The City of Orlando has a strong reputation for its city-wide achievements in sustainability and resilience. Over the last decade, the Green Works Orlando initiative has revolutionised the city by adding a sustainability chapter to the local municipal code. The implementation of sustainability policies and plans has made the city a leader in developing environmentally friendly communities.
In 2020, the Orlando Utilities Commission (OUC) began developing its Electric Integrated Resource Plan, with the aim of becoming carbon neutral by 2050 (with interim CO2 emission reduction targets of 50% by 2030 and 75% by 2040). The plan also acts as a pillar to achieve the mayor’s ambitious goal of 100% renewable electricity generationi in the city by 2050. It supports the phase-out of coal by 2027 and provides a roadmap to diversify the city’s existing electricity mix. Although solar PV will remain the main source of new energy, Orlando will invest in energy storage and other related technologies to ensure reliability and resilience.
The OUC has a major role in making solar energy affordable and accessible in the city and has found innovative ways to harness power from the sun. In 2017, it established long-term power purchase agreements to buy power from the 12.6 megawatt (MW) Kenneth P. Ksionek Community Solar Farm, the first in the country to include a solar PV array that sits atop a by-product landfill. In 2020, the OUC backed the construction of two new solar PV farms – the Harmony Solar Energy Center in St. Cloud and the Taylor Creek Solar Energy Center in east Orange Countyii, together capable of powering 30,000 homes – and started purchasing power from them.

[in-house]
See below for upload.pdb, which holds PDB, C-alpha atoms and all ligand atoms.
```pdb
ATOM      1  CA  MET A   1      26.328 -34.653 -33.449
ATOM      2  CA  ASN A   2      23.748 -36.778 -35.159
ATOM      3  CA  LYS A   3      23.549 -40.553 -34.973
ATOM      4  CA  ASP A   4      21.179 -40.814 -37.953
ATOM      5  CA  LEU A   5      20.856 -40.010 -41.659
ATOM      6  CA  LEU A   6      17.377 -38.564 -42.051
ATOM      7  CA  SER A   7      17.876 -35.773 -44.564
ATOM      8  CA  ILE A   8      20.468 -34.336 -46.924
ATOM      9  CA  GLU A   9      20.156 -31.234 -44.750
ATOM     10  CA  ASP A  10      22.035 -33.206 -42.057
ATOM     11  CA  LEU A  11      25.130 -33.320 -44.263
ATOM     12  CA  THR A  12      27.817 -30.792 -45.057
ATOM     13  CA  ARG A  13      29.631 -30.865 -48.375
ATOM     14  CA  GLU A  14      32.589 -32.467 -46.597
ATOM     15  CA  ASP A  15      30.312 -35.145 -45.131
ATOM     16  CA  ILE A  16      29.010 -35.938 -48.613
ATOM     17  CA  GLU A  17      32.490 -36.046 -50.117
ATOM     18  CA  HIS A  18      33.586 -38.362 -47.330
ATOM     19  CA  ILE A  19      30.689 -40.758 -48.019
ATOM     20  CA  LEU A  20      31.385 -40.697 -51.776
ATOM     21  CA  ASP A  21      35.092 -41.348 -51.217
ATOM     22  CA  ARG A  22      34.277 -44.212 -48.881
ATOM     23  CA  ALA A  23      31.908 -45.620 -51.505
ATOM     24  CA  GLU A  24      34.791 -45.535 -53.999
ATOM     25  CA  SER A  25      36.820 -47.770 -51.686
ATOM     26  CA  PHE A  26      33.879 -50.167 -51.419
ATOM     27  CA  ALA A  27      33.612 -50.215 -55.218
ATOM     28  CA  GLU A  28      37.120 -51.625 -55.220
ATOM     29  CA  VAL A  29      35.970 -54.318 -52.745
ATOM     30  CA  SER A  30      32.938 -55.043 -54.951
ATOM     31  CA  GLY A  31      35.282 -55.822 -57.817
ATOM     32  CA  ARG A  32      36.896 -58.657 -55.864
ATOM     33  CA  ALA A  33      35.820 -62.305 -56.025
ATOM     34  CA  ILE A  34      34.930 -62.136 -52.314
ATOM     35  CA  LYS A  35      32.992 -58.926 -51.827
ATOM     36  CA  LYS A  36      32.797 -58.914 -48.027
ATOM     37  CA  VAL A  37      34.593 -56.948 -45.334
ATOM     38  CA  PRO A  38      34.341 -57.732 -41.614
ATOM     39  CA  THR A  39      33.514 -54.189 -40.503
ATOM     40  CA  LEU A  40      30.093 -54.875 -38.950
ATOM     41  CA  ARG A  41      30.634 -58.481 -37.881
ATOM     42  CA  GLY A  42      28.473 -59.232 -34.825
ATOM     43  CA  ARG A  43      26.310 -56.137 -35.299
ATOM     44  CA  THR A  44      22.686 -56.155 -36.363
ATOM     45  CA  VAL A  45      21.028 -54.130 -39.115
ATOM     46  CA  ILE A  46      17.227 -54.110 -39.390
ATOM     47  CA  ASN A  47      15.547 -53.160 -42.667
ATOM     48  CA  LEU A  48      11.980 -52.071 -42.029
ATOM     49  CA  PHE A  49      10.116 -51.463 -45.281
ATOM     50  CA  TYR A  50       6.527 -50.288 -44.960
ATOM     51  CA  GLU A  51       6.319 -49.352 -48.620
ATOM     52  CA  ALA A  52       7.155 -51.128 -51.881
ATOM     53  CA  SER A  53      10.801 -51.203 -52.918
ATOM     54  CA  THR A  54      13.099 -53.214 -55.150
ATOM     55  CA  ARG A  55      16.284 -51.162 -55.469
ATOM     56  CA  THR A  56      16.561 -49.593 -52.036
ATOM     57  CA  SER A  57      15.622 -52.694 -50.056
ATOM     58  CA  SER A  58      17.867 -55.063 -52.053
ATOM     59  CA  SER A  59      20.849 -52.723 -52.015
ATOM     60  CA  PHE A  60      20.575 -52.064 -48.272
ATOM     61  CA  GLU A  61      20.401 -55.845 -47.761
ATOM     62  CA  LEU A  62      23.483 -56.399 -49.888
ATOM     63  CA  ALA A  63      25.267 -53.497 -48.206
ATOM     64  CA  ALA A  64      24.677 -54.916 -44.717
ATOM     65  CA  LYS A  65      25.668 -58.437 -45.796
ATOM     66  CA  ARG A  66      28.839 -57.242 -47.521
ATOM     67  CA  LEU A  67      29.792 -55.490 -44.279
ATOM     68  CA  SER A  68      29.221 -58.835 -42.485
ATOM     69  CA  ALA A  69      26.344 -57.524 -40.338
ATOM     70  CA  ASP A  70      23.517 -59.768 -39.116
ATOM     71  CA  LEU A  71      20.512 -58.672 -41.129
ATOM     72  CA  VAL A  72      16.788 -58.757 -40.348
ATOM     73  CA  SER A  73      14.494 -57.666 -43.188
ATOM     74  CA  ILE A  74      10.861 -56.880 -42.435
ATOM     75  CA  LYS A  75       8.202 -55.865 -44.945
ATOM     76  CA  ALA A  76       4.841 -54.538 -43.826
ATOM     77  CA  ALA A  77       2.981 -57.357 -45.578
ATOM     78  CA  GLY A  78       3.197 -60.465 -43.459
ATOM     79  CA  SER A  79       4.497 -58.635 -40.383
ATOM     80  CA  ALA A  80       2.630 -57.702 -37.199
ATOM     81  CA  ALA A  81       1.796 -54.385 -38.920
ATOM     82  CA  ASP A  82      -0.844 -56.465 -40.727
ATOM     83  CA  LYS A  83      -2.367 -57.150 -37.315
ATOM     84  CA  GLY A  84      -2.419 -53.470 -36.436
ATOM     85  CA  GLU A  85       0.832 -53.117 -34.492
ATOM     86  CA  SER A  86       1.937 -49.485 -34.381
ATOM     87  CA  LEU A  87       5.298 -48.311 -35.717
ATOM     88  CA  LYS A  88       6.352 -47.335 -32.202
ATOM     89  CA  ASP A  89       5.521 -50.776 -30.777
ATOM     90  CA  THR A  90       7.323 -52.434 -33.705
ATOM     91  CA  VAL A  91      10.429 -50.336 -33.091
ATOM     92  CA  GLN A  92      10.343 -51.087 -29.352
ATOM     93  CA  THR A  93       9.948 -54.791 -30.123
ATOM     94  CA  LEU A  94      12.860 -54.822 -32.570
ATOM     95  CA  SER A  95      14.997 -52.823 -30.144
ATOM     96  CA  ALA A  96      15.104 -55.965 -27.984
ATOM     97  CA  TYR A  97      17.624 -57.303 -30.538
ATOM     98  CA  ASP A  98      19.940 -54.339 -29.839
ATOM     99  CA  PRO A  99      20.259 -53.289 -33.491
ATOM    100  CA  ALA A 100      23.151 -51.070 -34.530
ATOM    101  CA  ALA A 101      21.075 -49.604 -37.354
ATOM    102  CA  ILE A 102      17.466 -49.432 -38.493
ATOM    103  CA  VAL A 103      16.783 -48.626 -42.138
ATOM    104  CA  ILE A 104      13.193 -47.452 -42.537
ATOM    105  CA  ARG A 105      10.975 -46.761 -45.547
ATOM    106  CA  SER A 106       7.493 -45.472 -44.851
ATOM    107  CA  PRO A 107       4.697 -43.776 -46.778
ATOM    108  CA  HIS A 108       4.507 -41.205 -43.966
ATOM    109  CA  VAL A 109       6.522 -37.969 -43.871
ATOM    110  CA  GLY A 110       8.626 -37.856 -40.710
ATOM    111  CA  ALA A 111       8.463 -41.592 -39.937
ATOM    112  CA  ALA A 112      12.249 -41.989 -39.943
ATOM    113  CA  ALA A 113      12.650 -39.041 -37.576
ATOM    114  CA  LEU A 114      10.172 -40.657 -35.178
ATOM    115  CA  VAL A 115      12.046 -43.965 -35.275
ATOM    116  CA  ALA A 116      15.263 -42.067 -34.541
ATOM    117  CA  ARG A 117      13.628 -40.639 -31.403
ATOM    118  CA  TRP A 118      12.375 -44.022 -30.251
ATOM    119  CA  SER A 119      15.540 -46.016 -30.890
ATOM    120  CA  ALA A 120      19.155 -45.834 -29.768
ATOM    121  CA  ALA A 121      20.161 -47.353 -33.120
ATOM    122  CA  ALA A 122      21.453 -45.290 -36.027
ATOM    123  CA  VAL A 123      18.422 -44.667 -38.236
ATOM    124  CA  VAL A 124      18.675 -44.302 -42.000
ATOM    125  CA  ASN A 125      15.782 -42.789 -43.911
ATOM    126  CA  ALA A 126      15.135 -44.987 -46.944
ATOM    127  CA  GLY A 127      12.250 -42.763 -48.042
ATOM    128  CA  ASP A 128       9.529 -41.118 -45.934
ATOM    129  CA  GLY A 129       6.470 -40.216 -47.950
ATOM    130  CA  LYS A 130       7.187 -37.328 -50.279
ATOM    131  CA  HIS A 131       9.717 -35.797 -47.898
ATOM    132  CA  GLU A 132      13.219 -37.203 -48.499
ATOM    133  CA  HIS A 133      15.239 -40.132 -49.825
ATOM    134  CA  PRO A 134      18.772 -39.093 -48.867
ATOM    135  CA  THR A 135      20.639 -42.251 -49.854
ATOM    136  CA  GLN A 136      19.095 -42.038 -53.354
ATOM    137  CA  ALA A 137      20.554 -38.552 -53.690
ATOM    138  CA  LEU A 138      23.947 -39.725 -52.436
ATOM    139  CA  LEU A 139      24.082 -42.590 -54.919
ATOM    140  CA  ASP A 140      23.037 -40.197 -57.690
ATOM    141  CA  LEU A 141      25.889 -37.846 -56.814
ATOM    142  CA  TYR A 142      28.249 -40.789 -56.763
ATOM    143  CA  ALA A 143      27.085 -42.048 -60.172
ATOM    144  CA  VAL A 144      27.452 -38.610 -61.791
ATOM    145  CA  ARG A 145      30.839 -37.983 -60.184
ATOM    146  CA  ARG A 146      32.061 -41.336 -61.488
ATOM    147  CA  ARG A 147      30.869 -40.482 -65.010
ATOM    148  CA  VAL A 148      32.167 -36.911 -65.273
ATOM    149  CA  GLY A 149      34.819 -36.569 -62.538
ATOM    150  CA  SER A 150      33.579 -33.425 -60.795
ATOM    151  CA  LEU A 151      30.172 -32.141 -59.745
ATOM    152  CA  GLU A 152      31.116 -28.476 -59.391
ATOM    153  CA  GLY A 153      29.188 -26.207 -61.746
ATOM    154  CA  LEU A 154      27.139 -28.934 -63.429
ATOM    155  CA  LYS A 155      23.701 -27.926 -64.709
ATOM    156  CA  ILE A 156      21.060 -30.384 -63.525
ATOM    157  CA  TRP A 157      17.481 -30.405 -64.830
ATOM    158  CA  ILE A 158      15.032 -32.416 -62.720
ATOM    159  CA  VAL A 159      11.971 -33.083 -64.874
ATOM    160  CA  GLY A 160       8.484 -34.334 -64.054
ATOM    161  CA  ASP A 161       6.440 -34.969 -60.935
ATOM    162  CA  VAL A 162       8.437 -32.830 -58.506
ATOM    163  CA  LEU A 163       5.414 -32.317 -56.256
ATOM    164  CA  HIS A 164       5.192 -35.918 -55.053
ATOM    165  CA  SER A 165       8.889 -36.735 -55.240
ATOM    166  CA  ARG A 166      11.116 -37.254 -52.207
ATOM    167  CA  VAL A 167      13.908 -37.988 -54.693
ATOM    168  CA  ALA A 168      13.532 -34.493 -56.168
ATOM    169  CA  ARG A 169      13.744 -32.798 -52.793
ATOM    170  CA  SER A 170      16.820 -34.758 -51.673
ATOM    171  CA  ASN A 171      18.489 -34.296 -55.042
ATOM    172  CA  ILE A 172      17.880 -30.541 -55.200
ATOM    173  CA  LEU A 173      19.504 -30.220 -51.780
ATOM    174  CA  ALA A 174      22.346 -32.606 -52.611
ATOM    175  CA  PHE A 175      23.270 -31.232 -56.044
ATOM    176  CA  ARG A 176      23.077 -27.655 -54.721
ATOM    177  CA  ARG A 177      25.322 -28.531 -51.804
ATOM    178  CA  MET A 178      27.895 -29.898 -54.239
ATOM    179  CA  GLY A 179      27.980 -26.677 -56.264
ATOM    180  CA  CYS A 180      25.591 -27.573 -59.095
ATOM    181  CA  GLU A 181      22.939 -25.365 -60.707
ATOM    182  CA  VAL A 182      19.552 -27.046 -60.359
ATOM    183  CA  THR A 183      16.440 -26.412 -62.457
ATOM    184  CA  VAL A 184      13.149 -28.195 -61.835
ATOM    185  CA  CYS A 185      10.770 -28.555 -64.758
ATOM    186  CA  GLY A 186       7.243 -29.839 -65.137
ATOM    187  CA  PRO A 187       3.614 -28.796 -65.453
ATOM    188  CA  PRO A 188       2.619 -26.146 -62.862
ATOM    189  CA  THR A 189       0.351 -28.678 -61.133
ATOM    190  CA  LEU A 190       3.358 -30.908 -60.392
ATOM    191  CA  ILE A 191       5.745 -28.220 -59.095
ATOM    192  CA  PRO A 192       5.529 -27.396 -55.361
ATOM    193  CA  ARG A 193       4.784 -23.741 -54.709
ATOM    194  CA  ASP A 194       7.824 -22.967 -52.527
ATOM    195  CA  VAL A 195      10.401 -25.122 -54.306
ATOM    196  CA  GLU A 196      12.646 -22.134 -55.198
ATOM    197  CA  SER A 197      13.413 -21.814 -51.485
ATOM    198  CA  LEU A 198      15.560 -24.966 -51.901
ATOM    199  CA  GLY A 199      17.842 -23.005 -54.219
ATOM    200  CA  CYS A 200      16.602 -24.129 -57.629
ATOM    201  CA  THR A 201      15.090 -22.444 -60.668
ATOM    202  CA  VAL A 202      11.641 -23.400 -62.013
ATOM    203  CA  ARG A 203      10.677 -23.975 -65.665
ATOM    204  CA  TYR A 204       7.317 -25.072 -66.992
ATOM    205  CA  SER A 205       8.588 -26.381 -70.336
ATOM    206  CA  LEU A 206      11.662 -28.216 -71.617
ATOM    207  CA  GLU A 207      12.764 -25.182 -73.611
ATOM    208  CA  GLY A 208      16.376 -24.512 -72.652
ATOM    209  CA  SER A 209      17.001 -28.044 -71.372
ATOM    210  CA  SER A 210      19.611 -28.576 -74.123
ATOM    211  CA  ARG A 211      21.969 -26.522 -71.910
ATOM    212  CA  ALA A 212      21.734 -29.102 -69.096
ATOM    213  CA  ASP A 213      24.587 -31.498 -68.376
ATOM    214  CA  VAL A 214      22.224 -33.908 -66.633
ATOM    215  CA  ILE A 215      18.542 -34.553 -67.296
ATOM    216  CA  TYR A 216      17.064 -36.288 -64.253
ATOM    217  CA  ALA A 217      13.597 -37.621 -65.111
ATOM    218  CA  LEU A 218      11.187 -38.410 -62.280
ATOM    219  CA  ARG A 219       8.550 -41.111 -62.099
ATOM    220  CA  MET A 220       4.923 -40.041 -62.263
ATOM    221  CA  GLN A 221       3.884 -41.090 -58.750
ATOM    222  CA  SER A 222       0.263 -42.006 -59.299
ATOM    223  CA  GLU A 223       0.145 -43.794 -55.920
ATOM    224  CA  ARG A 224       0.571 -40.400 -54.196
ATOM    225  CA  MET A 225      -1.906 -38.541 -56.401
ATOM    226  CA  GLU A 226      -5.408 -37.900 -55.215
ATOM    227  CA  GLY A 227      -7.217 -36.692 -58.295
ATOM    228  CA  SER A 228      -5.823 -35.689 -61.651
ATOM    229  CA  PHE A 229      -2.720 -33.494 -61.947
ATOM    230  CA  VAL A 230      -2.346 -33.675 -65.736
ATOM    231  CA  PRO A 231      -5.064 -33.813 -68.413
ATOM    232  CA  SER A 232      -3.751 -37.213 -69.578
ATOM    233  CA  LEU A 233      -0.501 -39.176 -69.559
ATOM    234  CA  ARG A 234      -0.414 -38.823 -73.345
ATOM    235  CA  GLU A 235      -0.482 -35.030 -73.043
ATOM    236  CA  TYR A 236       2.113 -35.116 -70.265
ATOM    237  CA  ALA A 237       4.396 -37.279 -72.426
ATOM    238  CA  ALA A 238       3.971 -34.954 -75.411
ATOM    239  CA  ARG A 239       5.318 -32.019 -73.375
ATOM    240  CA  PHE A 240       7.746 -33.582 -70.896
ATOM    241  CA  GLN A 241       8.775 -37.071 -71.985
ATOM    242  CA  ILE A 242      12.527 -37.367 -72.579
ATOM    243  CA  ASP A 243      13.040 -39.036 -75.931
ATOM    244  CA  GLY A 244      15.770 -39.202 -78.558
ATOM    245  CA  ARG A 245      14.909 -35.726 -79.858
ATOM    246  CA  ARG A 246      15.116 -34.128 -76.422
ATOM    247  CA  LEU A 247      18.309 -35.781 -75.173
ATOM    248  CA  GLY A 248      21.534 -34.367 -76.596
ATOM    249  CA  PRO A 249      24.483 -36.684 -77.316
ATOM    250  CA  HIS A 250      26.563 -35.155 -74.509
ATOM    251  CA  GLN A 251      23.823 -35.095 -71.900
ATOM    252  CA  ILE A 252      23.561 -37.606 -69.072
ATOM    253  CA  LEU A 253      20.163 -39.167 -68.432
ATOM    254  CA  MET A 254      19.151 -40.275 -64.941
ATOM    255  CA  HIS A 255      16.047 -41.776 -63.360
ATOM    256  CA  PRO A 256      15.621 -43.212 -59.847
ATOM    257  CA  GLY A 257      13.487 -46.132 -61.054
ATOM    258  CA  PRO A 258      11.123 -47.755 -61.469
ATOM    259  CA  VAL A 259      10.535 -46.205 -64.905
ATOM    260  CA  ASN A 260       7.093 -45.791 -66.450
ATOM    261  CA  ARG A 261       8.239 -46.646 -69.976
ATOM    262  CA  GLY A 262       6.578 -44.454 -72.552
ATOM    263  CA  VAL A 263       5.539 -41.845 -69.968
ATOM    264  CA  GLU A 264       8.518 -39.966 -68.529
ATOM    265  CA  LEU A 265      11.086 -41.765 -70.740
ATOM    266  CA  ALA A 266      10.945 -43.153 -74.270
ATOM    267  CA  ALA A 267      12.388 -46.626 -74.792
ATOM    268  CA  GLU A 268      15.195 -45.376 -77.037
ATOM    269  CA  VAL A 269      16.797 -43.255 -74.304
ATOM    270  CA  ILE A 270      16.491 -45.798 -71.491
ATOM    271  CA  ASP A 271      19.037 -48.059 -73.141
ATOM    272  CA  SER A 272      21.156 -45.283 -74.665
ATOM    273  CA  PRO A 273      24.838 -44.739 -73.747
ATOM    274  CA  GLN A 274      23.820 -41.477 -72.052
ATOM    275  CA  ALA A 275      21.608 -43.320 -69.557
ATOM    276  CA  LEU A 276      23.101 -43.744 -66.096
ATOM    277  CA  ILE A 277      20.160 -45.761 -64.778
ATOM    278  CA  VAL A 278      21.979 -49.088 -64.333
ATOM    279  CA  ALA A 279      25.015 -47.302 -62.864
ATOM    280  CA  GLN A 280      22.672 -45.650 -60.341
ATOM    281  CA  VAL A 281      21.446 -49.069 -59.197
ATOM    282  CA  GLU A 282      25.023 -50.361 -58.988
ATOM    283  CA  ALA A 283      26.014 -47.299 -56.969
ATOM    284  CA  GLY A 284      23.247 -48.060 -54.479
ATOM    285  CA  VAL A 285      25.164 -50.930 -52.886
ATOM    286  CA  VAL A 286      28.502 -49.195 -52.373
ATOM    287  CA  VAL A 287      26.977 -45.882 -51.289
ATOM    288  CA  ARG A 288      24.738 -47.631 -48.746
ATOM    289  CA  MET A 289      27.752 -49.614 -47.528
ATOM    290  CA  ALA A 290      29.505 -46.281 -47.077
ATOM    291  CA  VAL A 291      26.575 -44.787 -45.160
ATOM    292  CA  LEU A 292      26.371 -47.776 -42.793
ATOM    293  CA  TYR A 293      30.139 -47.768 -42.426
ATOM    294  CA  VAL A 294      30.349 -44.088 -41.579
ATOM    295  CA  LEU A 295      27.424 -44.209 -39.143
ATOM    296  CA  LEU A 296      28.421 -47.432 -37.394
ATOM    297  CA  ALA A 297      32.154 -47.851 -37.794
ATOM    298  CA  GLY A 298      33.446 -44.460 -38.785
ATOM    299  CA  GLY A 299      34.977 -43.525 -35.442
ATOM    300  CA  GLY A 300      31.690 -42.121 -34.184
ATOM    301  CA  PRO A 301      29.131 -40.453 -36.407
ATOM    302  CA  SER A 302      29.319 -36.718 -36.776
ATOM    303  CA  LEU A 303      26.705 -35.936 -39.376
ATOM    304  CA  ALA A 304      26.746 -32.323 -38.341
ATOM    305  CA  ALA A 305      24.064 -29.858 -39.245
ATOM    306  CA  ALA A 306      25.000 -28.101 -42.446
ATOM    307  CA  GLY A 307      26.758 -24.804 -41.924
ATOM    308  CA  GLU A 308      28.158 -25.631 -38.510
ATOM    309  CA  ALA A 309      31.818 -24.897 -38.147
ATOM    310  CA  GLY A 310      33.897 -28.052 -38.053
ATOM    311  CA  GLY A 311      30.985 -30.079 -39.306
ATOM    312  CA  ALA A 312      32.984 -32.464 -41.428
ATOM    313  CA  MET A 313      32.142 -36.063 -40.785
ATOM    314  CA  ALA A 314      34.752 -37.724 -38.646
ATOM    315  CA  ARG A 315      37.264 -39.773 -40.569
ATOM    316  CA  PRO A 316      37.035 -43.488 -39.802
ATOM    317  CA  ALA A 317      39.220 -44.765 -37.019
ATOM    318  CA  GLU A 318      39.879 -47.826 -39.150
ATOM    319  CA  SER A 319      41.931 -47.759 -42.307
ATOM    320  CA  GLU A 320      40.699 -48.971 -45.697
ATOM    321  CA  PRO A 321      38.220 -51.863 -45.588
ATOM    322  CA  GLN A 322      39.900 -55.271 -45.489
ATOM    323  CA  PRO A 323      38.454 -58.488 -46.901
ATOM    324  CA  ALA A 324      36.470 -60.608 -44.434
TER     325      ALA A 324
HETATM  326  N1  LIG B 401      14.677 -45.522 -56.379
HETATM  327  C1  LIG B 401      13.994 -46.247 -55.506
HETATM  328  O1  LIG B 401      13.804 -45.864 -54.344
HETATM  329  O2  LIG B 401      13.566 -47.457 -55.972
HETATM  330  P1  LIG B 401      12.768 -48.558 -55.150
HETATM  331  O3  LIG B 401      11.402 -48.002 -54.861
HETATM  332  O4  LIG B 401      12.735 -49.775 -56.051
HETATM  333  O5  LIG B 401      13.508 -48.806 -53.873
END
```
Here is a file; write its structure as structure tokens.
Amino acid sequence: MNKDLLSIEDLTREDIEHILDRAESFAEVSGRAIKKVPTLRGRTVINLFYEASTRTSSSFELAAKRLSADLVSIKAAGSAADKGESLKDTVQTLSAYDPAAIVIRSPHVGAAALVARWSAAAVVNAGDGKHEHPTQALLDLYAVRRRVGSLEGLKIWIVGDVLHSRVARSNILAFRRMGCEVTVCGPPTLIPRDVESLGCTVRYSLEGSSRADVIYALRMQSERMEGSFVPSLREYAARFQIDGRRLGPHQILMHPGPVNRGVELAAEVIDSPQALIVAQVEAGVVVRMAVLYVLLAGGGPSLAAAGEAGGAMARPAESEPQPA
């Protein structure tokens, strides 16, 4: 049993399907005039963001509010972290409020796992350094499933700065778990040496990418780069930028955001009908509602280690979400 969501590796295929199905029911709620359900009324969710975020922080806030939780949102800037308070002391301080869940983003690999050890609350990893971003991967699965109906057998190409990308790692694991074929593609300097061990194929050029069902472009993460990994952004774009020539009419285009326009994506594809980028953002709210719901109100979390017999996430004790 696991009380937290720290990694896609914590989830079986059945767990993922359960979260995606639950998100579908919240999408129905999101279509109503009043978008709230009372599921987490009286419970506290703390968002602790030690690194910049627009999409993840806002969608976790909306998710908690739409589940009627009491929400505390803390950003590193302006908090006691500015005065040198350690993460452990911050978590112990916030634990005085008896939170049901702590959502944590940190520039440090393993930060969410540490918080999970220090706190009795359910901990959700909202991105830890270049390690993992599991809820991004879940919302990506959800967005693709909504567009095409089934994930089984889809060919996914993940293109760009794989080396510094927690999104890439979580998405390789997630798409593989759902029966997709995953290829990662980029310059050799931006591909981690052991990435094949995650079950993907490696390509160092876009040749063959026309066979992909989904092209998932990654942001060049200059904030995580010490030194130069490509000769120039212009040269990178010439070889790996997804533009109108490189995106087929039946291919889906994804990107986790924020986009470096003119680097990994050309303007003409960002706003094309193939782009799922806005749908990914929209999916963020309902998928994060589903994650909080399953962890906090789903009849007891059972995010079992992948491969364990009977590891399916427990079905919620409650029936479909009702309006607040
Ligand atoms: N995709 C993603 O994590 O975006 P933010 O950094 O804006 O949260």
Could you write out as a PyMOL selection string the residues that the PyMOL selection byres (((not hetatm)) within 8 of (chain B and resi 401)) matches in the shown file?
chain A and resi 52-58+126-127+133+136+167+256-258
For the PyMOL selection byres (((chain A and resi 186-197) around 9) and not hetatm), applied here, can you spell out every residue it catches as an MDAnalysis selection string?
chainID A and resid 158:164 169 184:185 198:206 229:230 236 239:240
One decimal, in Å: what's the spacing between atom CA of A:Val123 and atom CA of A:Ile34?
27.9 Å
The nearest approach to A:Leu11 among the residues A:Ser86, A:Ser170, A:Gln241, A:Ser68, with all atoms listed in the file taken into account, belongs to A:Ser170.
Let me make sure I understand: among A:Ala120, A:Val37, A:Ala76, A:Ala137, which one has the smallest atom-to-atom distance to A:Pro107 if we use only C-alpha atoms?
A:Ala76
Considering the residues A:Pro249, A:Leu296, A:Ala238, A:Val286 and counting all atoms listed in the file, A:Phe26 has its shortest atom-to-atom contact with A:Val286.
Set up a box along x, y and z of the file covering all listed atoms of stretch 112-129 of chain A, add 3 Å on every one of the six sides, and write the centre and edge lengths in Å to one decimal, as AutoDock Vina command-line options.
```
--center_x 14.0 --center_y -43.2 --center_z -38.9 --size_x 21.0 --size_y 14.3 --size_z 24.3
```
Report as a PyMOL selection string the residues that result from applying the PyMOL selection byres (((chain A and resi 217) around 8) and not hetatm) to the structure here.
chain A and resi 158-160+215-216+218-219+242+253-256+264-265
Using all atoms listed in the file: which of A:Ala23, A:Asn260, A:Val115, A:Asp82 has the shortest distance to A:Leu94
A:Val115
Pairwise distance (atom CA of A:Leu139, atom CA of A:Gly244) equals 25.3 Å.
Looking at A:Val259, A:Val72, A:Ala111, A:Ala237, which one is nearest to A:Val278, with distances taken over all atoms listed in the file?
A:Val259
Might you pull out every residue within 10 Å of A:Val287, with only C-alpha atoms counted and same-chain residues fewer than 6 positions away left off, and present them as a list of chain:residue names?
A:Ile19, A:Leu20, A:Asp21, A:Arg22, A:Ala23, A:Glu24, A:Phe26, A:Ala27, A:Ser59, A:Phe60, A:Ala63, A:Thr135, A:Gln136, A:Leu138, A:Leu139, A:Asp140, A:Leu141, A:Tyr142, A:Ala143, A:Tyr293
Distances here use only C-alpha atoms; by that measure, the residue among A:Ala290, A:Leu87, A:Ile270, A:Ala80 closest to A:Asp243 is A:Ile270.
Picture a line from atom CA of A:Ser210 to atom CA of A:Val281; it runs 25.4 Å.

Orlando also is home to more than 1 MW peak of floating solar PV and has been a pioneer in this new application since 2017. The OUC will to continue to study the performance and scalability of floating solar PV in collaboration with the National Renewable Energy Laboratory thanks to a USD 1 million grant from the US Department of Energy. In 2020, the City of Orlando unveiled the new “floatovoltaics” at its international airport, showcasing this unique solar application. The local government has installed several “solar sculptures” and “solar trees” in the city to generate electricity and educate customers on the benefits of solar power.
Source: See endnote 5 in the Urban Policy Landscape chapter.
iAccording to the CDP-ICLEI Unified Reporting System, the share of renewables in electricity generation in Orlando was 2% (no date specified).i
iiThese are two of five projects being developed in the context of the Florida Municipal Solar Project, a partnership between the Florida Municipal Power Agency and 16 Florida public power utilities, including the OUC.ii